Documents shed light on council plan to axe head teachers

The Empowering Our Educators plan has met with resistance across communities.

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Campaigners against Argyll and Bute Council’s plan for cluster schools say they feel ‘misled’ following the release of ‘new information’ under the Freedom of Information Act (FOI).

Argyll and Bute Council’s controversial ‘Collective Leadership Model’ seeks to replace head teachers with ‘heads of school’ and cluster schools under an ‘executive head’. Its consultation ended March 31.

Many parent and community councils, and the EIS teachers’ union, spoke out against it. One meeting of 350 people on Mull failed to find a single person in favour.

Mull Community Council’s convener Tom Nelson summed up: ‘No-one can give a considered view, because Argyll and Bute has failed to produce any real evidence. It has been a waste of time.

‘We can have no confidence in the proposals if Argyll and Bute Council fails to properly address the questions that are being asked.’

Following a FOI request, more information has come to light in confidential council documents.

‘The council said these proposals were cost neutral,’ said Michael Breslin, a former lead councillor for education and lifelong learning, who studied the papers. ‘In fact, the starting point in late 2019 was that the proposals would save an estimated £675,000.

‘There has been no mention of the number of clusters of schools, but the figure of 16 appeared in another document.’ The council’s marketing proposal states: ’16 school clusters are proposed, with three early adopters in Dunoon, Bute and Kintyre.’

Last February, a council education manager told Oban Community Council: ‘Actual collectives have not been identified. If [the principle is] approved, which is the key decision, only then would more consultation begin on the design of school collectives.’

But an internal council report, summarising the project’s progress in December 2020, says: ‘the project team have also taken time to identify actual clusters in Argyll and Bute’.

A summary from March 2021 adds: ‘The project team have given consideration to identifying the actual clusters which could be introduced across Argyll and Bute.’

The council agreed a contract worth £23,180, excluding VAT, with a marketing agency to help run a consultation, called ‘Collective Leadership Model: Empowering our Educators’.

The council’s invitation to tender says: ‘Argyll and Bute Council are seeking specialist support to develop marketing products and a brand identity, with associated narrative, designed to influence a variety of stakeholders that our concept of executive head teachers managing a cluster of schools with a supporting leadership team offers improved benefits to them.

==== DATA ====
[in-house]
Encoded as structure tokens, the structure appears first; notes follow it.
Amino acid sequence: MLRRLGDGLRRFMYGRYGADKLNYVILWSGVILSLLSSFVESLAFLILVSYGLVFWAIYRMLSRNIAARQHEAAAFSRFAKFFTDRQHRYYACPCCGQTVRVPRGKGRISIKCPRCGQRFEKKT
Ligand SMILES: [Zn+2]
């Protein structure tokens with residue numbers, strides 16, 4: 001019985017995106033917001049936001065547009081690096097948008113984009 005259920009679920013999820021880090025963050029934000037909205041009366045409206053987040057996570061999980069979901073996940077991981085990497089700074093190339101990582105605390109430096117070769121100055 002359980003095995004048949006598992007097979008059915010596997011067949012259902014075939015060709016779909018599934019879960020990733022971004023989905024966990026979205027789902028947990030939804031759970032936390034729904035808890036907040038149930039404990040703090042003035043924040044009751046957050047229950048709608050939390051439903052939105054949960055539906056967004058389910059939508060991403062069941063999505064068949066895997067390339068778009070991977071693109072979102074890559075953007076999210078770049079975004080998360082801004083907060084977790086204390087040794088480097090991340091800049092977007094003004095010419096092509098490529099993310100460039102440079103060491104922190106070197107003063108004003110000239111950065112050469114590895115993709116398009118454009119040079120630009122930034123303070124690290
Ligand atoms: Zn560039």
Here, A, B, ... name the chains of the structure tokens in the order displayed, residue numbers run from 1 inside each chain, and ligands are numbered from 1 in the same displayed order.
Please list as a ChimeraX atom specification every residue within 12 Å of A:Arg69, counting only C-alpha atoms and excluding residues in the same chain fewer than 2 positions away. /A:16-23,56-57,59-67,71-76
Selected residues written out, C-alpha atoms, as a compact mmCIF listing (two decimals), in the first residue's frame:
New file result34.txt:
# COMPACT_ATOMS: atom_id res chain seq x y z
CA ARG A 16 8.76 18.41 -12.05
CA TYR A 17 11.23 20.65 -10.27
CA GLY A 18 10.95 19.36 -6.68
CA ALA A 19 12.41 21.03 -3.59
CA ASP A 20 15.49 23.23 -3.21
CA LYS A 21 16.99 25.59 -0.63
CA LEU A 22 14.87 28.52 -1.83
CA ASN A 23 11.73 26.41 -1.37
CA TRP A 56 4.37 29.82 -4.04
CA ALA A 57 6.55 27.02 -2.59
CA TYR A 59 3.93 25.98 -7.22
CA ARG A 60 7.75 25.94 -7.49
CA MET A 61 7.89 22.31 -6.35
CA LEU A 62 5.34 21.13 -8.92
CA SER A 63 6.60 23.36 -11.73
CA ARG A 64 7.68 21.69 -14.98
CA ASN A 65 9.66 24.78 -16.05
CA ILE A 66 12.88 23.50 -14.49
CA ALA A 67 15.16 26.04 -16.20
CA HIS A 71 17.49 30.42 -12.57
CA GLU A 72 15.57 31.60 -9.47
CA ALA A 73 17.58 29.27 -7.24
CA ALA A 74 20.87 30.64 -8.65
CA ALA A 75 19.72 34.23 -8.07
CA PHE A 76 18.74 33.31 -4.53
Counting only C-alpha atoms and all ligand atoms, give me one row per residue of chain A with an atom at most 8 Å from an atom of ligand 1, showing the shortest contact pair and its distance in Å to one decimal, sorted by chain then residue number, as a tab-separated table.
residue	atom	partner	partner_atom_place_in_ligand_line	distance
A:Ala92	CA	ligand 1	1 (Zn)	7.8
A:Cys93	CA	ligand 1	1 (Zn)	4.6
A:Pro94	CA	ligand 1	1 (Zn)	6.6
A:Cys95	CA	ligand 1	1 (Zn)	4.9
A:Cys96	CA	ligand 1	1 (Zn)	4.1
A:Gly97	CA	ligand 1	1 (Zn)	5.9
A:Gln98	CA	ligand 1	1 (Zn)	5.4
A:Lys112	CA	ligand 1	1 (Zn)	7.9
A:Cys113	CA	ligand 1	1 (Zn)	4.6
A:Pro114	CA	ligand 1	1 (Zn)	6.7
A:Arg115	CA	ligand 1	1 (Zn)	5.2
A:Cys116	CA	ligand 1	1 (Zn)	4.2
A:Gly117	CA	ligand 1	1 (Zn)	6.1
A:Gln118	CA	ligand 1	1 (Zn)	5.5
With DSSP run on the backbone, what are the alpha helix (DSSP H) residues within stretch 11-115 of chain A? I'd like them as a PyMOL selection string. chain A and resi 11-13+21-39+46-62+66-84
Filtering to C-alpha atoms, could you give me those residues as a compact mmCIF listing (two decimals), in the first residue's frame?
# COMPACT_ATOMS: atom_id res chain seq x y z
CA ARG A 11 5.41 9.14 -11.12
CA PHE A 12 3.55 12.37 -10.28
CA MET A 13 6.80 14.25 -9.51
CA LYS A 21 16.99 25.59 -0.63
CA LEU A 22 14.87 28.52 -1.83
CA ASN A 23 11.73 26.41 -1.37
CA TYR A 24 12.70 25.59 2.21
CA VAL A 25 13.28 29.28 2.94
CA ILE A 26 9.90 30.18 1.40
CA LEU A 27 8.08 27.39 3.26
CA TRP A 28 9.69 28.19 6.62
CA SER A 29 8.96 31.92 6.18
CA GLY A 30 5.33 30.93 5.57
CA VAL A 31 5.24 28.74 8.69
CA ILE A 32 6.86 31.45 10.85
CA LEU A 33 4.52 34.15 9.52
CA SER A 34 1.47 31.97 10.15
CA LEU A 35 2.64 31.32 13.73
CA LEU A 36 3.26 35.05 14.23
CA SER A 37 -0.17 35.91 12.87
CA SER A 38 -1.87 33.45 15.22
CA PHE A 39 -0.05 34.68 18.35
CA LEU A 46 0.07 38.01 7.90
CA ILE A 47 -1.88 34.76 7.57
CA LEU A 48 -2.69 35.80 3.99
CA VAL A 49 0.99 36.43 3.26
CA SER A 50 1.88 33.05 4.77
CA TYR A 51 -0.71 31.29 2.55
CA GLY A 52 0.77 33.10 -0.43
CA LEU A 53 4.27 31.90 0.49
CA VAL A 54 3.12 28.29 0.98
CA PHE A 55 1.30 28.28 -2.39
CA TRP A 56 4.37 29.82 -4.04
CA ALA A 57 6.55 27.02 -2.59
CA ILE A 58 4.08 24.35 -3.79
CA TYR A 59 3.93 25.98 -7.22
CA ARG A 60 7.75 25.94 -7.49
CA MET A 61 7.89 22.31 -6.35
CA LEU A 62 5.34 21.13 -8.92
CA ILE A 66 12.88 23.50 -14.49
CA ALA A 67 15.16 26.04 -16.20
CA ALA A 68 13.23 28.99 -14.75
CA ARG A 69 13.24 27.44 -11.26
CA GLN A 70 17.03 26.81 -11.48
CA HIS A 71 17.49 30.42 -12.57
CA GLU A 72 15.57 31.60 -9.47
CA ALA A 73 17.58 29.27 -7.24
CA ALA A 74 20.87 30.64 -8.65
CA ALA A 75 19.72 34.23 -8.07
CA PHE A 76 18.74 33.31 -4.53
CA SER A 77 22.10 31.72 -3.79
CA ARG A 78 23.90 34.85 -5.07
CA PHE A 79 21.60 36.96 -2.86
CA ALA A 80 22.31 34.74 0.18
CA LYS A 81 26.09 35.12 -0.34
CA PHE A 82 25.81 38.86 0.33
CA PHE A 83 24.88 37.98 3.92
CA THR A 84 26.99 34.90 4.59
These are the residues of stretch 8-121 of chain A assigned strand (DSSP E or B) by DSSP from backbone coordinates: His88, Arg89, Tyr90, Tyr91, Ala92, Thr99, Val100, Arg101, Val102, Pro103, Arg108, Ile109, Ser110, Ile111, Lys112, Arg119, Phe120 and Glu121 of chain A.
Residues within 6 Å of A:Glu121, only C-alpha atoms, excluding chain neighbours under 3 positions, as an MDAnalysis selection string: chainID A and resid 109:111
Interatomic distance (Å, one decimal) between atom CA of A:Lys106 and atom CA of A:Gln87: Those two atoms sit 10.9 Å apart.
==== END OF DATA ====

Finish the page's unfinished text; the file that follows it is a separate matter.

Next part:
‘We need to segment our stakeholders, there are a percentage that mistrust and will never support. The silent majority are our target audience and we are looking to turn this group into advocates who will help us to persuade and influence within their own communities and peers.’

Mr Breslin commented: ‘It is evident that their concept was fixed. The words used were: “However, our concept and associated benefits with it does not change.” So, is this a genuine consultation or is it the marketing of the concept to the public?’

‘Why did it take so long to secure the documents?,’ asked Tracy Mayo, a founder of the campaign group Wise4All. ‘We are still missing information that is necessary to make an intelligent consideration of the proposal.

‘The documents have simply reinforced my concern about the validity of the consultation process, the future of small schools and the sustainability of our communities.

‘The overwhelming feeling I have is one of exclusion from key decisions impacting my own child’s education and worry for the quality of education for future generations and the likely lasting effects this proposal could have if implemented on our communities.

‘It is clear they are not “buying in”, they aren’t convinced, and in the words of a chair of a parent council “all trust is gone” in the council.’

A council spokesperson responded: ‘Our priority is to ensure that our young people benefit from a sustainable education service that works for every pupil. To do that we must take action to address the area’s unique set of challenges, such as rural settings, declining populations and competition in recruiting teaching skills.

‘We produced initial ideas for how this might be done and used those, through our recent engagement exercise, to gather feedback, views, questions and ideas from parents, teachers, young people, trade unions and many others. Thank you to everyone who got involved.

‘Decisions about the long-term future of our education service will be made openly and transparently through our committee services, so the next step will be to take a report to the council’s Community Services Committee, on outcomes from this engagement exercise and actions coming out of that.

‘The next Committee Services meets on August 25. Our focus is on delivering the best for our young people.’